Note: I am still away. Some thoughts and charts to keep you cautious …
(…) history shows that downgrades light a fire under policymakers and the belt-tightening budget cuts ensue, taking a big chunk out of demand growth and hence profits. It is not just the United States — the problem of excessive debt is global, from China to Brazil to many parts of Europe.
Now the question, in the name of consistency, is whether France is next — is it really AAA with the U.S. at AA+? Does that make any sense? But if France was ever to see a cut, then the EFSF no longer works as planned since the facility’s AAA rating is critically dependant on France and Germany obviously maintaining their pristine rankings. Or what about an Italian downgrade? Does it deserve to be A+? A1? That would likely be a market-mover as well and cannot be ruled out. This downgrading process cannot possibly stop at the U.S.
We also had an emergency G7 conference call and press statement that
policymakers will do all they can to mitigate gyrations in the marketplace. So for investors, our fate is very much tied up in the prospect that government bureaucrats and politicians manage to get ahead of this latest version of the global debt crisis.
Gold is also rallying hard as it becomes oh-so-painfully evident, now with the ECB joining the fray, that debt monetization by the monetary authorities globally is going to be part and parcel of the solution to this leg of the crisis. Expect gold to go much, much higher as well — just to get back to prior highs in inflation adjusted terms would mean a test of $2,300; and normalizing by world money supply points to $3,000 an ounce.
Dow Theory advocates will point to the transports confirming the breakdown in the industrials. And the transports sliding along with the oil price, which last happened like this in 2008, is indeed an ominous economic signpost.
On the economic front, much damage has been done here as well. The OECD leading indicator fell to 102.2 in June — the lowest since November 2010 — from 102.5 and is down now for three months running and the declines were broad based across the G7 and emerging Asia.
This is not a replay of mid-2010. The global economy is slowing down much than was the case then and the problems surrounding sovereign
government debt are far more acute. While the Fed may be forced at some point into more easing action, there is more reason to be skeptical of any success now than before. And fiscal austerity is now the policy watchword in Washington the largesse last fall after the midterm elections played a key role in stimulating the economy, at least for a short while, and risk appetite as well.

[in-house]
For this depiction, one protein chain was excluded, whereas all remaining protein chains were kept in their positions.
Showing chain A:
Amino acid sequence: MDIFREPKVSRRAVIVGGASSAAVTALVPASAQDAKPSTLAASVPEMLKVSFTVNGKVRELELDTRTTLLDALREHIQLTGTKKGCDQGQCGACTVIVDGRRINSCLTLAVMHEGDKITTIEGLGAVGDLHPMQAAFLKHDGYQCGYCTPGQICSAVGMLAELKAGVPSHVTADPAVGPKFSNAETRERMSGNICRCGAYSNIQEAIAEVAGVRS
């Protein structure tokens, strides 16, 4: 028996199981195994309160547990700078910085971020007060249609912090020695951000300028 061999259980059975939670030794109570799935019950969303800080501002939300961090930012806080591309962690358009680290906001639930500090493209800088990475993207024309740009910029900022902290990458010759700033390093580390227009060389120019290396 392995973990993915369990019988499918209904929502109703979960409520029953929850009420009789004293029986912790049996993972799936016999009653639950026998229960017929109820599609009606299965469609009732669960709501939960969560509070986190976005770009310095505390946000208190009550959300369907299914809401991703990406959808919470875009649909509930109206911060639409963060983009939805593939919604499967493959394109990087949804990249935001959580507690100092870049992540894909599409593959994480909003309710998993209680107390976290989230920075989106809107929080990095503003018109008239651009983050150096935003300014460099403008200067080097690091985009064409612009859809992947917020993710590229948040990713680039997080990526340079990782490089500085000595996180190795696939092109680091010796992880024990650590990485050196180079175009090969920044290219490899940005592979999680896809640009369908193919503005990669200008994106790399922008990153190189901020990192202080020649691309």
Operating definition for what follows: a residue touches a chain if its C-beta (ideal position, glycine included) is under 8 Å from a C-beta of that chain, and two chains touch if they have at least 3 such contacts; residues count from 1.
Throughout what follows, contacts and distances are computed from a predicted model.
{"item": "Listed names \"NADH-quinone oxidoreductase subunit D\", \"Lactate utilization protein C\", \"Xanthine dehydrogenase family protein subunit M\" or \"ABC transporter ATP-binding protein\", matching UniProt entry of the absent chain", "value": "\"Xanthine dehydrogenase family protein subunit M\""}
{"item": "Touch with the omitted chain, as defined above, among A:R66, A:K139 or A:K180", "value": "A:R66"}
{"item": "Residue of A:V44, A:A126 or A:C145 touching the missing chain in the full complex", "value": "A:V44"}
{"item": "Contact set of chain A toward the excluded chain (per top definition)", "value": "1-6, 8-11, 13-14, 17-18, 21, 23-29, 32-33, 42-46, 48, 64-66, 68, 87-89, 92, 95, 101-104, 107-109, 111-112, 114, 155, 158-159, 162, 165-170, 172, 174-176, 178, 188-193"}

The market may be less-cheap than it appears. According to
research cited in the FT, nearly 70% of the few (76) that have provided guidance have reduced it, and in the most cyclical names as well (Tyco, Illinois Tool Works, Netflix, Texas Instruments).
In a market correction during a period of economic growth, brief market pullbacks of 10% or 15% are common. But in a recession, corporate earnings and the equity market both typically go down between 25% and 35% — these are averages — which would then mean a test, and possible break, of the 2010 lows (below 1,000). An $80 EPS profile for next year and a trough 12x multiple would yield a similar result.
From BMO Capital Markets: markets worry about Italy and a US recession.
EARNINGS: THE BEAT GOES ON …
Over 87% of S&P 500 index companies have now reported, with 72% beating on earnings and 75% beating on revenues. According to Thomson Reuters, the consensus estimate of S&P 500 earnings growth in Q2 has risen to 12% (20% excluding financials) from 10% (18% excluding financials) last week and an initial estimate of 7% (14% excluding
financials). The consensus estimate of sales growth has risen to 12% from 11% last week and an initial estimate of 10%.
…BUT BEWARE OF ESTIMATES
- Current estimates are for 15% EPS growth this year and next on revenue growth of 10%.
- Revenue growth should taper off toward 7% along with global GDP growth slowing.
- Profit margins are at such lofty levels that it is heroic to assume further gains.
4. The US economy has already downshifted.
(…) chief executive officers have more money than ever after boosting cash for 10 straight quarters to $963.3 billion, 58 percent more than in December 2007 near the start of the credit crisis, S&P data show. More than 160 companies in the gauge pay dividend yields above the 10-year note, according to data compiled by Bloomberg.
Cash on corporate balance sheets excluding financial, utility and transportation stocks represented about 9.7 percent of market value as of March 31, up from the 20-year average of 6.7 percent, S&P data show.
U.S. companies have authorized $331.8 billion in buybacks this year and carried out $182 billion, data compiled by Birinyi Associates Inc. show. They bought back $342.7 billion in 2010, the most since 2008, when they repurchased $387.2 billion, according to data from the Westport, Connecticut-based money- management and research firm.